Betaine distribution in the Amaranthaceae

Gerald Blunden, Ming He Yang, G. Janicsák, I. Máthé, Alfredo Carabot-Cuervo

Research output: Article

40 Citations (Scopus)

Abstract

Aerial parts of 23 species distributed in 10 genera of the Amaranthaceae have been examined for the presence of betaines. Glycinebetaine was isolated from all the species studied and, in addition, trigonelline was detected in eight out of the nine species of Amaranthus, 1 of the two species of Alternanthera and in the species of Iresine (3), Celosia (2), Chamissoa (1), Aerva (1), Gomphrena (1) and Froelichia (1). With the exception of I. herbstii, glycinebetaine was the predominant betaine. The highest yield of this compound was from Cyathula geniculata (2.11%, dry weight), but, with the exception of I. herbstii (0.05%), the species tested had contents in the range 0.28-2.11%, dry weight. Trigonelline yields varied from 0.004 to 0.15 %, dry weight. From the data obtained, classification of the Amaranthaceae as a betaine - accumulating family would appear to be justified.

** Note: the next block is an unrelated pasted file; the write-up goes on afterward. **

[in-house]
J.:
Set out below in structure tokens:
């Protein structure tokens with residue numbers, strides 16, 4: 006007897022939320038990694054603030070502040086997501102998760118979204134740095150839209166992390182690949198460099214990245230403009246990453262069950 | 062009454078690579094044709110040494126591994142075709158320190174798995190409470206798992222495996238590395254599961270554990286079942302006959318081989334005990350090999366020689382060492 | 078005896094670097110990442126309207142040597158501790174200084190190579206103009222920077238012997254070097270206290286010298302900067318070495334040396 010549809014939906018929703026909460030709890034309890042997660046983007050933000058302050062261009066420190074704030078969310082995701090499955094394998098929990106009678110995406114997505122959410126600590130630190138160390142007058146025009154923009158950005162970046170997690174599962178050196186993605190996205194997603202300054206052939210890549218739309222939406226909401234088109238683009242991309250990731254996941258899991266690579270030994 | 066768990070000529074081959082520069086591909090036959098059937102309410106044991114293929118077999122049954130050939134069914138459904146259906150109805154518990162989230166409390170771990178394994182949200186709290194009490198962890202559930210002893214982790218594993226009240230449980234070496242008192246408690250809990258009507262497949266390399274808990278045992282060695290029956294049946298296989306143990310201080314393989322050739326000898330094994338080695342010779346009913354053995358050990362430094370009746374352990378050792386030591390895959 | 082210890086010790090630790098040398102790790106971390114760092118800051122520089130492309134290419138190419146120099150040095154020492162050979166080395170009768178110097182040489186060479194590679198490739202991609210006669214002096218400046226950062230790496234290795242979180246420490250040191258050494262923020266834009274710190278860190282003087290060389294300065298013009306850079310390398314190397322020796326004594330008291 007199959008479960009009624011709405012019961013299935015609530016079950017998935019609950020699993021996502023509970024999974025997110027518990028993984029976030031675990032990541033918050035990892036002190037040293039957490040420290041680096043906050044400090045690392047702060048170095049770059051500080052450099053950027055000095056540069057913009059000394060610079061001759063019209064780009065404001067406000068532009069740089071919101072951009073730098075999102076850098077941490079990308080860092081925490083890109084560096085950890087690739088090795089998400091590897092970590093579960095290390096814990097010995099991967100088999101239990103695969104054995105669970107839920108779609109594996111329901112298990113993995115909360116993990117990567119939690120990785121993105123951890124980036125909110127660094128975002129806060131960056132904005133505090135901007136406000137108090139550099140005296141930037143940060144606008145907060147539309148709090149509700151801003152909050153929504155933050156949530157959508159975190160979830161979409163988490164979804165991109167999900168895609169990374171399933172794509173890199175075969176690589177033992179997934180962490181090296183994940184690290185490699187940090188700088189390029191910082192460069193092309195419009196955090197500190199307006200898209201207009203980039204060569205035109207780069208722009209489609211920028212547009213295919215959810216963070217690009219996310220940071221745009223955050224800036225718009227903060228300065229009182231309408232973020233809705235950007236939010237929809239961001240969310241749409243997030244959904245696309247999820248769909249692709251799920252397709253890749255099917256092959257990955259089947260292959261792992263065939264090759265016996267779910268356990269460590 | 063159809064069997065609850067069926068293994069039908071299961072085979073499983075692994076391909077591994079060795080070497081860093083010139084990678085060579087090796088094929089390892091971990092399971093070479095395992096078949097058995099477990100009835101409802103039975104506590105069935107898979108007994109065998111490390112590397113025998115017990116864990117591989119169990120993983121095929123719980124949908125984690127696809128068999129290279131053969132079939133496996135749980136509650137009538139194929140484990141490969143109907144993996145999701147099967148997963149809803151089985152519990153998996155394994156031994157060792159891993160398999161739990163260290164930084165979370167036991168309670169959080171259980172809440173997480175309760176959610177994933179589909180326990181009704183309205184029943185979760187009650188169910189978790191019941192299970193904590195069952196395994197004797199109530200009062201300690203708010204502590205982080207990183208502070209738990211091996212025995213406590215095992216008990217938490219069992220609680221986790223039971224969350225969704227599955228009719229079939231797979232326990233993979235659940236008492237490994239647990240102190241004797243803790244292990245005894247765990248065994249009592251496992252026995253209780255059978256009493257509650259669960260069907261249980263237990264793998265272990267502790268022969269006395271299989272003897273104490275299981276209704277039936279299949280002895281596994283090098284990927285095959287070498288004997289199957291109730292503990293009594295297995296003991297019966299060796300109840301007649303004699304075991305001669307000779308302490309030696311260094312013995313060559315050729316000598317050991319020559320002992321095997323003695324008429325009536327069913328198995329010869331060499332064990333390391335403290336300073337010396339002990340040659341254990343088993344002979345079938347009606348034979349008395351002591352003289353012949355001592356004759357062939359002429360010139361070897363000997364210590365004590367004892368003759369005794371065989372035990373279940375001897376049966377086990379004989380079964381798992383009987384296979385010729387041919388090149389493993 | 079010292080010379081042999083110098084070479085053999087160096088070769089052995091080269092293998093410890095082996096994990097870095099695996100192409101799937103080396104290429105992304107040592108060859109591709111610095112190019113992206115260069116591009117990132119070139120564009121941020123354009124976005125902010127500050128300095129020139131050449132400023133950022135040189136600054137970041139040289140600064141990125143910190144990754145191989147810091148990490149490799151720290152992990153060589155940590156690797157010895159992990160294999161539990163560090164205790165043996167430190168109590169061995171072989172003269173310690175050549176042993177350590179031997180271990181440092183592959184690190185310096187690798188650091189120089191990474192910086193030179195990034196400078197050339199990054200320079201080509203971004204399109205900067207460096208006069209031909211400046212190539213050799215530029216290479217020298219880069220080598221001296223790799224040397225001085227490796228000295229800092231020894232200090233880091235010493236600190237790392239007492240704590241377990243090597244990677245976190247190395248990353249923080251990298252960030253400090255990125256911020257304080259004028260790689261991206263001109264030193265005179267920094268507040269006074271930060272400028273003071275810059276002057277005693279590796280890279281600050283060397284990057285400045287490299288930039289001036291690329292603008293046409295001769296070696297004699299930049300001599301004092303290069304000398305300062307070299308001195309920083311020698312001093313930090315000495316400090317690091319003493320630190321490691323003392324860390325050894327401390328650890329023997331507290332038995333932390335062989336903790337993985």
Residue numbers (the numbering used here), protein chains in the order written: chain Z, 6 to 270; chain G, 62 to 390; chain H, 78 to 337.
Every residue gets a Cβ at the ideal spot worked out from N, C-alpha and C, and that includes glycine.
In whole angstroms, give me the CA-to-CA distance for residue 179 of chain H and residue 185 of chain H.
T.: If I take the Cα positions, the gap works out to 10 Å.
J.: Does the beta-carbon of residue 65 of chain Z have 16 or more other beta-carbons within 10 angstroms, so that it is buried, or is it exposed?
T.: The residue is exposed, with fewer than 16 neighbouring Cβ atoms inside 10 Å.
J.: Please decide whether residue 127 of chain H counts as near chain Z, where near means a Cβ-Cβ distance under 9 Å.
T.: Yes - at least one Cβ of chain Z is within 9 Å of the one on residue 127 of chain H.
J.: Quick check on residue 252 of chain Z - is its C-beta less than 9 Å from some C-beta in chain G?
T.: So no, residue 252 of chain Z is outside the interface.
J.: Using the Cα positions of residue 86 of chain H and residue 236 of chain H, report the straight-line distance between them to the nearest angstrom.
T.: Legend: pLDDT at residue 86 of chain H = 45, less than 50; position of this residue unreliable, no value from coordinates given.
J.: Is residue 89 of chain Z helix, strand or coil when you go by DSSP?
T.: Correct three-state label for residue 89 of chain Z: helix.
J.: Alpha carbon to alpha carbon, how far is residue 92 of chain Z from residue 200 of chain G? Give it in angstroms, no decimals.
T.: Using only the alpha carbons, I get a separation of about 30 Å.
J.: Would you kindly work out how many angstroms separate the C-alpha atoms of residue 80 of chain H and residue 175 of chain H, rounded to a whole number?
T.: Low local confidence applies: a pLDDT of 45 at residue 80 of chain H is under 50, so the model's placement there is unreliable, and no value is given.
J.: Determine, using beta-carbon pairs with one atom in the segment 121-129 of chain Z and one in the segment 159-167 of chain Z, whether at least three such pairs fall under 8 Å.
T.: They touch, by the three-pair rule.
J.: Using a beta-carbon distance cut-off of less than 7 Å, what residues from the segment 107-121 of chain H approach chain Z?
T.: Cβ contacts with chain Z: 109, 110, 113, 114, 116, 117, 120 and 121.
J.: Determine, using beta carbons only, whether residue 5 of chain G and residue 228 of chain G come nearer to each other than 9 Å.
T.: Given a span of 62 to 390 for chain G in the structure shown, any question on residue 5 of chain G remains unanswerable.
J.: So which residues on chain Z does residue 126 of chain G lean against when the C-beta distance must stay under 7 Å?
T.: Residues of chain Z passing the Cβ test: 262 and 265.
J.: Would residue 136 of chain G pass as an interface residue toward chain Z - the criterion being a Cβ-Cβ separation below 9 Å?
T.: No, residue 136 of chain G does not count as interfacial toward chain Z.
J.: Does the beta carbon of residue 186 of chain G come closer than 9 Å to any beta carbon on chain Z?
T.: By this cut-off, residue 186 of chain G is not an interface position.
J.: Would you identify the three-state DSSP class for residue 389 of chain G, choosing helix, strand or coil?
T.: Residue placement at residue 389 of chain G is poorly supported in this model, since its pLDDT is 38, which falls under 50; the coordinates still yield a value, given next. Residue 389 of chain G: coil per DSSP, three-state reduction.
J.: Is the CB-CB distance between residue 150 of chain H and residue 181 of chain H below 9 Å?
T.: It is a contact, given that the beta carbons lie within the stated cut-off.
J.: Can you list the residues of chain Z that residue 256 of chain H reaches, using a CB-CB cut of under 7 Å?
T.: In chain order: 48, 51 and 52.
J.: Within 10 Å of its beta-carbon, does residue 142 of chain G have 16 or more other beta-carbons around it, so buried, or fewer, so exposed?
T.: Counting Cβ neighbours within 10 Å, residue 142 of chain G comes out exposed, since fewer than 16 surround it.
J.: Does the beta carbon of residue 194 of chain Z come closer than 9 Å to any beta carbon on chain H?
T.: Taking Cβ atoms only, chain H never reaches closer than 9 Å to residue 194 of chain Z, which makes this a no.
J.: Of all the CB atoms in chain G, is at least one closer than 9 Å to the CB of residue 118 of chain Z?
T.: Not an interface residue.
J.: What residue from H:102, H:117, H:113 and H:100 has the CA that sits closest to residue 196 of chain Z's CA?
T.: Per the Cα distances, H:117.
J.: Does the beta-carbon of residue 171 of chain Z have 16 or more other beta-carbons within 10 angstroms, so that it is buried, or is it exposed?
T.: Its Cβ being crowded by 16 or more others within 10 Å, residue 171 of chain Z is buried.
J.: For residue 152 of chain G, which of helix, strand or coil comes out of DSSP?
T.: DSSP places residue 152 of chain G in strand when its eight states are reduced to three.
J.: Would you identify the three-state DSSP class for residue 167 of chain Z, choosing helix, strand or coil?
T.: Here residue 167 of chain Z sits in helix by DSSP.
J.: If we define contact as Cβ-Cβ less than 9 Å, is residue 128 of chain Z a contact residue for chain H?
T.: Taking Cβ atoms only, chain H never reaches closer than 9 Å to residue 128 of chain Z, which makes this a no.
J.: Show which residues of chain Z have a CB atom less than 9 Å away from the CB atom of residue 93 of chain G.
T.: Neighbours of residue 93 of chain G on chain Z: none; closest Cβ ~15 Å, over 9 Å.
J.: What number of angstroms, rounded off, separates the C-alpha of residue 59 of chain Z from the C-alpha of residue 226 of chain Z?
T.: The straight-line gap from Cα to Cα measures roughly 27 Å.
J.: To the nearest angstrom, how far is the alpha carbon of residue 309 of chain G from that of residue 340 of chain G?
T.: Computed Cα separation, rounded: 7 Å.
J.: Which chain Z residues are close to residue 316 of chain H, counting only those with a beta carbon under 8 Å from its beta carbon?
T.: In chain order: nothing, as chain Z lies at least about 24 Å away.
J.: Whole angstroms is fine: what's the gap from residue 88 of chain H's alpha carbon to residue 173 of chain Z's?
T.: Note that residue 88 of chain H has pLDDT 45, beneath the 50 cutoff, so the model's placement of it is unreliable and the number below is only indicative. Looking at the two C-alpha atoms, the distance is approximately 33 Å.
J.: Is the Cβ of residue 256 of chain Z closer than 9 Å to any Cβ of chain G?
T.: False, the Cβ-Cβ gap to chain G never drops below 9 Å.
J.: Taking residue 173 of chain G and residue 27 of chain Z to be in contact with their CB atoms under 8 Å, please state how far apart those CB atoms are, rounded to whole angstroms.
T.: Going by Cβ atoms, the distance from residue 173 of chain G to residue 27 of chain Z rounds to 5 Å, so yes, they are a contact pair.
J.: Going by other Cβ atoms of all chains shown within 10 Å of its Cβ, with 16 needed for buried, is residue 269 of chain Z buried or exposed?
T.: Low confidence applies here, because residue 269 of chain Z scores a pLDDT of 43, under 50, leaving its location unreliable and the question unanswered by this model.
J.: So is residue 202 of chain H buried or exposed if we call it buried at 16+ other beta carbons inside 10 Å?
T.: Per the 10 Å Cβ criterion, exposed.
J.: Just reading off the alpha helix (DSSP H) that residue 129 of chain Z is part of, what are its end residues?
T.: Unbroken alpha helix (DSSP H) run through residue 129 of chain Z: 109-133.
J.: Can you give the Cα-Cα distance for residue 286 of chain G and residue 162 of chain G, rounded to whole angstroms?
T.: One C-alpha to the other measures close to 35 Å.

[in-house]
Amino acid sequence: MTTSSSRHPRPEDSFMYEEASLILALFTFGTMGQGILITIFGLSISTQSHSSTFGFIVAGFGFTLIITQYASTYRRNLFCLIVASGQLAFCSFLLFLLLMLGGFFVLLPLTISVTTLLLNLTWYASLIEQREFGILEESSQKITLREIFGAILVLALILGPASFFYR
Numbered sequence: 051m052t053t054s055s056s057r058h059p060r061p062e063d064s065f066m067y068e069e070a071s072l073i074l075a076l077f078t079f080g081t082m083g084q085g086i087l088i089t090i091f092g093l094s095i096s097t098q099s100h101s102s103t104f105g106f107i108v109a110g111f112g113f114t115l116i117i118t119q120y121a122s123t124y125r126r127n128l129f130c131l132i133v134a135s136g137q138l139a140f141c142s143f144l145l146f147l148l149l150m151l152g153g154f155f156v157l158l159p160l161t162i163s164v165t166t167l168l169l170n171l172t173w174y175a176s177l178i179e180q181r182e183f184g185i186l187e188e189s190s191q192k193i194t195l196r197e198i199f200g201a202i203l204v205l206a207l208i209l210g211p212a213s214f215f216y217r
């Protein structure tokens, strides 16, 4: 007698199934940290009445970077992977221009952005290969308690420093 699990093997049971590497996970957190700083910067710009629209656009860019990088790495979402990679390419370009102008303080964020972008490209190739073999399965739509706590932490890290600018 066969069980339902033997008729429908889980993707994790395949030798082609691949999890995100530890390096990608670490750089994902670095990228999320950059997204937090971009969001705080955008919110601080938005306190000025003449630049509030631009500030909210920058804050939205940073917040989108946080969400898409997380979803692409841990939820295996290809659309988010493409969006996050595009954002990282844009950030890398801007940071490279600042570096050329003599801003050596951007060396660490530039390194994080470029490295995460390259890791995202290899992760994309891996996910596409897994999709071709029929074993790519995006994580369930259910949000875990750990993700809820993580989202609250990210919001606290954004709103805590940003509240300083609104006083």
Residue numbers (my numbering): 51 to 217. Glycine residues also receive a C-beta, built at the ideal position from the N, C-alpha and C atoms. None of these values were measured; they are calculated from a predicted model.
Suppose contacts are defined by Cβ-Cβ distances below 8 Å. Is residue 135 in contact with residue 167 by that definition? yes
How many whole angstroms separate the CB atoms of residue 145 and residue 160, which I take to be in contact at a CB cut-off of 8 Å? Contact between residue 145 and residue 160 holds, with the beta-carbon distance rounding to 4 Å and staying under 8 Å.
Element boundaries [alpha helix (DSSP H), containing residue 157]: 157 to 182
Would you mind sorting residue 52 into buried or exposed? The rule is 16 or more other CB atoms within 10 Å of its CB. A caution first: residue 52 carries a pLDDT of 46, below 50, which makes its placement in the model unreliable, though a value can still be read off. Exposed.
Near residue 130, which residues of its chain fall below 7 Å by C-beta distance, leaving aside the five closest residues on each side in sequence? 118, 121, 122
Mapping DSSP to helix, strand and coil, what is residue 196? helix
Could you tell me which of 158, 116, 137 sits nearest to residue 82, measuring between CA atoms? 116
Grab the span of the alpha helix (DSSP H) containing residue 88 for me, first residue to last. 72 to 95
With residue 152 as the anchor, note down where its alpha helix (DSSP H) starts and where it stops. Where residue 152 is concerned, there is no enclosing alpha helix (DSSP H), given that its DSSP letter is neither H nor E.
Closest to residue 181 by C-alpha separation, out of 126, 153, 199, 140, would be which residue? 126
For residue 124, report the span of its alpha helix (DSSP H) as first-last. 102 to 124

Original languageEnglish
Pages (from-to)87-92
Number of pages6
JournalBiochemical Systematics and Ecology
Volume27
Issue number1
DOIs
Publication statusPublished - jan. 1999

Fingerprint

Amaranthaceae
Betaine
betaine
Weights and Measures
Celosia
trigonelline
Amaranthus
Iresine
Aerva
Gomphrena
Alternanthera
Antennas
aerial parts
distribution

ASJC Scopus subject areas

  • Ecology, Evolution, Behavior and Systematics
  • Biochemistry

Cite this

Betaine distribution in the Amaranthaceae. / Blunden, Gerald; Yang, Ming He; Janicsák, G.; Máthé, I.; Carabot-Cuervo, Alfredo.

In: Biochemical Systematics and Ecology, Vol. 27, No. 1, 01.1999, p. 87-92.

Research output: Article

Blunden, Gerald ; Yang, Ming He ; Janicsák, G. ; Máthé, I. ; Carabot-Cuervo, Alfredo. / Betaine distribution in the Amaranthaceae. In: Biochemical Systematics and Ecology. 1999 ; Vol. 27, No. 1. pp. 87-92.
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